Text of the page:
It's hard to name another vocalist who's achieved the status of a "legend" with as few albums as Lauryn Hill. Apart from the two she made with the Fugees, her solo career's sole studio album is 1998's The Miseducation of Lauryn Hill. But as Stereogum points out, it's arguably just as important as (if not more than) the Fugees' sophomore album, The Score. AllMusic considers Miseducation to be an absolute five-star effort that became an ultra-successful crossover record despite being thoroughly uncompromising, and it even spawned a huge hit single in "Doo Wop (That Thing)." The album went on to win five Grammys.       

Releasing a solo album like that directly after the Fugees made Hill a superstar. When Time celebrated 20 years of hip-hop in 1999, the magazine put the 23-year-old Hill on the cover, basically cementing her status as "hip-hop's matriarch." It looked like no one could stop her ... except herself. Just as fast as her star had risen, the musician went away with zero explanation, largely living in a "self-imposed exile" for nearly a decade. Even after this, she's remained behind an interview-shunning veil of mystery, only releasing the occasional single here and there instead of truly picking up where she left. Still, whether she ever records another new song or not, her work with the Fugees and The Miseducation of Lauryn Hill have influenced and impressed countless artists, from John Legend and Nicki Minaj to Kanye West and Jay-Z. 

Lauryn Hill's tax evasion troubles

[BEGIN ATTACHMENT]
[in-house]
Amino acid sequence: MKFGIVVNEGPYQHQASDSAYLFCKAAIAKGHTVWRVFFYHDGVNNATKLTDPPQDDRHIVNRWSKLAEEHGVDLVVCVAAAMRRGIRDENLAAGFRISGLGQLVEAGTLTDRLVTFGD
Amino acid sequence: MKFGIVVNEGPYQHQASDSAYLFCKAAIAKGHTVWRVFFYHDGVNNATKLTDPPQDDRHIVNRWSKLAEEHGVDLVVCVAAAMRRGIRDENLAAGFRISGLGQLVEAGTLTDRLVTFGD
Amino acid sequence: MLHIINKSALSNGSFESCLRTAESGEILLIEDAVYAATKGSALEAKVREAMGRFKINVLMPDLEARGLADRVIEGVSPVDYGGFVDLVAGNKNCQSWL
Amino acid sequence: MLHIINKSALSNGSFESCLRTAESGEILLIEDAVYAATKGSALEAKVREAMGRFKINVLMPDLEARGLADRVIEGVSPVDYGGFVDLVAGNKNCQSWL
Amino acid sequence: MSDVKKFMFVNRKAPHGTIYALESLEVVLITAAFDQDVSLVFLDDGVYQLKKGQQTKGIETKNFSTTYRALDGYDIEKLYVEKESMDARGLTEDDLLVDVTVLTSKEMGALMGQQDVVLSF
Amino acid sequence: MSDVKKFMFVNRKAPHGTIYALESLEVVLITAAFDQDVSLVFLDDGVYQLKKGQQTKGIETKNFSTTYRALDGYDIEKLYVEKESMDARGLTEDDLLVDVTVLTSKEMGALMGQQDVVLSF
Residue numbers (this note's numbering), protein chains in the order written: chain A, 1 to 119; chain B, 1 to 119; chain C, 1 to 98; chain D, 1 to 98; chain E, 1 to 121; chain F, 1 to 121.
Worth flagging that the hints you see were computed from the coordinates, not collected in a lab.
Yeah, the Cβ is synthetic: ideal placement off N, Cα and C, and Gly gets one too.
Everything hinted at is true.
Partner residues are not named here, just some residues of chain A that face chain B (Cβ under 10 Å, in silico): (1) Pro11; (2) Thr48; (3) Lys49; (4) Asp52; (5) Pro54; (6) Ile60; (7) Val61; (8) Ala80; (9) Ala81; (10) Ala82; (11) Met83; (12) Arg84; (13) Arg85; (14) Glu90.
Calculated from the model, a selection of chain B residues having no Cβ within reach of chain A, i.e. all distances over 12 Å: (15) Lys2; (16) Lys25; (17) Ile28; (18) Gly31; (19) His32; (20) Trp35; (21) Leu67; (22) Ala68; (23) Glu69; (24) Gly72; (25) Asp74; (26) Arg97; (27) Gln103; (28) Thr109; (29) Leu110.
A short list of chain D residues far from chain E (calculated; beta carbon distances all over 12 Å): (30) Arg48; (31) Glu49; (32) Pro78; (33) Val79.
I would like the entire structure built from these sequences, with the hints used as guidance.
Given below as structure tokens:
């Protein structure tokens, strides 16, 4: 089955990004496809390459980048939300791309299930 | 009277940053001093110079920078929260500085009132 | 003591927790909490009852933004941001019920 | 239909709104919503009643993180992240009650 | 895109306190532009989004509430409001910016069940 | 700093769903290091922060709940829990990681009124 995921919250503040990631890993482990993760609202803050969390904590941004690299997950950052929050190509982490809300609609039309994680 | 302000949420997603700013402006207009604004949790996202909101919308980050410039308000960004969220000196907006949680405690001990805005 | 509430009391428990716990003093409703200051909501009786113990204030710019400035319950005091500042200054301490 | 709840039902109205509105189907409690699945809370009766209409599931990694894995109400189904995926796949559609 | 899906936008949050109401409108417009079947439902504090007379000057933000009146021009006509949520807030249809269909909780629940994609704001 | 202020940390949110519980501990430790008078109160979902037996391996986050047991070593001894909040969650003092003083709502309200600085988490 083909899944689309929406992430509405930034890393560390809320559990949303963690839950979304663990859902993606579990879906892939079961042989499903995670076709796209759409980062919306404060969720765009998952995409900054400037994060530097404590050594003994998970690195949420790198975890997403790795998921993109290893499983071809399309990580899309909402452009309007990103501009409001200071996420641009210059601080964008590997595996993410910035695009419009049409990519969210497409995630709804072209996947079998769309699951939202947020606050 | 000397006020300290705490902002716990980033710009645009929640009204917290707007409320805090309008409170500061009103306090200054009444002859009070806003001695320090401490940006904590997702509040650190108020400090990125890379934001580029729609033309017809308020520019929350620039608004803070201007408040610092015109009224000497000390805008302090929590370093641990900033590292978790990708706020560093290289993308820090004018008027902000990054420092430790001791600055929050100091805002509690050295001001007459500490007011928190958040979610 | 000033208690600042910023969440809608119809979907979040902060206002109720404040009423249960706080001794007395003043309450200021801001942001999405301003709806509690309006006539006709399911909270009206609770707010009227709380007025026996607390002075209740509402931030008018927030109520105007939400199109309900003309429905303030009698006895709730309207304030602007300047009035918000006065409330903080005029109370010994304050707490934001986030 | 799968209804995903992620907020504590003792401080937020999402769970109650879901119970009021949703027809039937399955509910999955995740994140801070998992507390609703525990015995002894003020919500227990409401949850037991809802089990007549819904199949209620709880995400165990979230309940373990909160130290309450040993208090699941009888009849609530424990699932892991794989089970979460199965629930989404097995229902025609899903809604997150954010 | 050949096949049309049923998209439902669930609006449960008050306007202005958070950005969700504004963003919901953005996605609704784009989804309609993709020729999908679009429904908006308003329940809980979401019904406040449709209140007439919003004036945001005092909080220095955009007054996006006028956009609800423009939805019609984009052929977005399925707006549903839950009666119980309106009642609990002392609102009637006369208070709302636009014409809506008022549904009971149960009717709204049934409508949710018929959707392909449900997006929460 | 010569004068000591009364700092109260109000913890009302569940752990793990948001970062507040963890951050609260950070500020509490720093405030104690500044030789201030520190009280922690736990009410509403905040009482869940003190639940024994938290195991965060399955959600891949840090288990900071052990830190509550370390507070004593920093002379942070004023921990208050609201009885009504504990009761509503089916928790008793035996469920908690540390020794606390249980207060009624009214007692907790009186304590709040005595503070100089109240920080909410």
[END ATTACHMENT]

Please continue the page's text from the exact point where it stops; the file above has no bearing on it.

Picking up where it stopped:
More than one musician has been rendered surprisingly poor because they forgot (or, you know, "forgot") a little thing called taxes. As Rolling Stone tells us, Lauryn Hill managed to take this to the next level in 2013, as she'd completely failed to pay taxes between 2005 and 2009. The taxes she'd failed to pay amounted to over $1 million, so it was time for court. 

To be fair, Hill's lawyers pointed out that there were plenty of mitigating circumstances and room for leniency in her federal tax evasion case, due to her charity work and the fact that she'd eventually paid the taxes she owed. Hill also pointed out her that her family and professional situation at the time were in turmoil, as she'd moved away from the music industry to try and "protect" both herself and her children. However, the assistant U.S. attorney on the case called the ex-Fugee's explanations "a parade of excuses centering around her feeling put-upon," which didn't exactly spell sympathy from the officials. As such, Hill was sentenced to three months in prison, plus a year on parole.